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The Sugar Plum Fairy’s Celesta

‘Tis the season for Tchaikovsky’s The Nutcracker, and one of the most well-known pieces from that work is the Dance of the Sugar Plum Fairy.

So how do you get that magical tinkling sound?  The celesta.

The celesta is a keyboard instrument that produces its sound through the striking of metal plates with little hammers connected to the keys, in the same way that pianos strike strings.

Here is a video from the Colorado Springs Philharmonic introducing the celesta.

If you are interested in a more in-depth treatment of the mechanics and the manufacturing of celestas, see this video from Schiedmayer Celesta GmbH.

Would you like to see The Nutcracker in its entirety?  You can!  EuroArts presents it on YouTube (with minimal commercial interruption).  You can find the Dance of the Sugar Plum Fairy at time stamp 1:29:00.  If you would like to see a purely orchestral version, you can see The Nutcracker performed by the Rotterdam Philharmonic Orchestra (with the Dance of the Sugar Plum Fairy at 1:22:00).

But the celesta doesn’t go back in the storage room after the Christmas season!  It is used in a number of other works, namely Mahler’s Symphony No. 6Symphony No. 8, and Das Lied von der Erde, as well as several symphonies by Shostakovich.  A wonderful use of the celesta can be found in Gustav Holst’s The Planets in the mystical final movement Neptune.

It can also be found in Bartok’s Music for Strings, Percussion and Celesta, Grofe’s Grand Canyon Suite, and many operas.

Listen, and I think you’ll be surprised how often you’ll find the celesta adding that extra bit of magic to the music around you!


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Free Opera Binge Watching!

stick guy singing opera on a television with a viking helmet for an antenna

I had hoped to showcase this weekend’s livestream of Wagner’s Die Meistersinger von Nürnberg (musical direction by Kirill Petrenko, with a fine cast including Jonas Kaufmann) from the Bavarian State Opera.  However, it has been postponed.  For more information, click hereHere is a video about the production.

Undeterred, I searched the internet for a replacement.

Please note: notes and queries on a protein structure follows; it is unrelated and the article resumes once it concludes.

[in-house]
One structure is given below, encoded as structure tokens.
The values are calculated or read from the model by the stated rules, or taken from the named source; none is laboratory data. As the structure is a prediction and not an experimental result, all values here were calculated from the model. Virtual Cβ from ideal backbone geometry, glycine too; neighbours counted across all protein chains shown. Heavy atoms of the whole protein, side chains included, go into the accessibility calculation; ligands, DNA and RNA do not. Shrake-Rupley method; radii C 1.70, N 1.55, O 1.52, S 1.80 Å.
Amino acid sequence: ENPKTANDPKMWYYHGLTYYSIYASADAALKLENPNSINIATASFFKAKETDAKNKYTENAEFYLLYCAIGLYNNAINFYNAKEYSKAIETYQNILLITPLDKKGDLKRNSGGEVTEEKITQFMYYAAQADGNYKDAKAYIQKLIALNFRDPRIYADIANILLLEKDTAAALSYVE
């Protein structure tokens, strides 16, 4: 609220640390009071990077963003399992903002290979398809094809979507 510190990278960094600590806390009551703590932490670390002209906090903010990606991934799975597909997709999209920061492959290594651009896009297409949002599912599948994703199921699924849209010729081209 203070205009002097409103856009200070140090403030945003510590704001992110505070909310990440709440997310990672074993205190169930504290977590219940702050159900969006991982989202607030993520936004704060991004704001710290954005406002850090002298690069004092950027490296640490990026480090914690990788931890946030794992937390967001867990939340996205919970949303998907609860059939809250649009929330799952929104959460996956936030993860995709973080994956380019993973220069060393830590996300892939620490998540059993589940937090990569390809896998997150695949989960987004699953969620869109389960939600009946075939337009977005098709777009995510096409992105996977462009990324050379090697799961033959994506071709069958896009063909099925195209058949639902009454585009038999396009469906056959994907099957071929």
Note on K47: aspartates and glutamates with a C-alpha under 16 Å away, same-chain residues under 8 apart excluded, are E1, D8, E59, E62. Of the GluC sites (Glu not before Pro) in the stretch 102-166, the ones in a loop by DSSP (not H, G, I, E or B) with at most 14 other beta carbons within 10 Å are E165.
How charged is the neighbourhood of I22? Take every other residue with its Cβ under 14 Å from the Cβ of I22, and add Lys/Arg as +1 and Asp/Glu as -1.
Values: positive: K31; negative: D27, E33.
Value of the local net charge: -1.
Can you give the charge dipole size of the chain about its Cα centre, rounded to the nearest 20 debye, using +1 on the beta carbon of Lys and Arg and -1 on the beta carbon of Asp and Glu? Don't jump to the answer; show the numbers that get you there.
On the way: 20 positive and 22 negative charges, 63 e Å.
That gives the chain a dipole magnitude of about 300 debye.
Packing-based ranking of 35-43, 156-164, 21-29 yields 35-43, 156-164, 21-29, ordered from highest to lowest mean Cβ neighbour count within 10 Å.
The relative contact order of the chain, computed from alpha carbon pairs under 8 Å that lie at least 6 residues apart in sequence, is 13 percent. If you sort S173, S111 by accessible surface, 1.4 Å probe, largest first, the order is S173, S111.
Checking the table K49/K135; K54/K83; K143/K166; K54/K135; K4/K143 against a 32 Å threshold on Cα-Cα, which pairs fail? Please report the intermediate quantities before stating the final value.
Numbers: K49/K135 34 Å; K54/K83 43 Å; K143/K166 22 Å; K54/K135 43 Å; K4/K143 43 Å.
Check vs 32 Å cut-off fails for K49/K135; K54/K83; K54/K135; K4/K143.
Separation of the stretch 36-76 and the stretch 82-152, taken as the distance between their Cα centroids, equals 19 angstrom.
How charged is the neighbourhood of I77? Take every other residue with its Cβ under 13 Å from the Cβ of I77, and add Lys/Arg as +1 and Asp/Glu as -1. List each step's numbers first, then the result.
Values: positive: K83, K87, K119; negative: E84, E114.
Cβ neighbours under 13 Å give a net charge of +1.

I have found you hours and hours of opera.  And I don’t mean The Ring cycle.

The Vienna State Opera  is currently offering for free Wagner’s Parsifal and Götterdämmerung (ok, some of The Ring; click here for details). The opera company typically offers livestreams by subscription (single, monthly, by season).  You can watch at the time of event, or slightly time shifted to accommodate your time zone.

Not a Wagner fan? Here’s what The Opera Platform website has for you right now (the assortment changes over time; click here for details):

Bell  In Parenthesis

Bizet  Carmen

Boesmans  Reigen

Debussy  Pelléas et Mélisande (not available for viewing in the US)

Puccini  Manon Lescaut

Rossini  The Barber of Seville

Tchaikovsky  Eugene Onegin

Tchaikovsky  The Queen of Spades

Verdi  Macbeth

Wagner  Parsifal

(this is the same production available at the Vienna State Opera site)

Wagner  The Valkyries

 Enjoy!

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Image attribution: C. Gallant, 2016.


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Free Opera Online: Tchaikovsky’s Eugene Onegin

Eugene Onegin and Tatiana, illustration by Pavel Sokolov

BBC Arts and the Garsington Opera have made available a performance of Tchaikovsky’s Eugene Onegin. You can see a complete performance, view a synopsis, and enjoy interviews with the conductor and director.

The opera is an adaptation of Alexander Pushkin’s Eugene Onegin, a novel in verse. You can see the Russian and an English translation at the Pushkin’s Poems website.

The opera will be available until the end of 2016, so don’t miss out!

You can see it at the BBC Arts website or at the Garsington Opera website.
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Image attribution: Onegin and Tatiana, illustration by Pavel Sokolov, [Public domain] via Wikimedia Commons. https://commons.wikimedia.org/wiki/File:Onegin3.jpg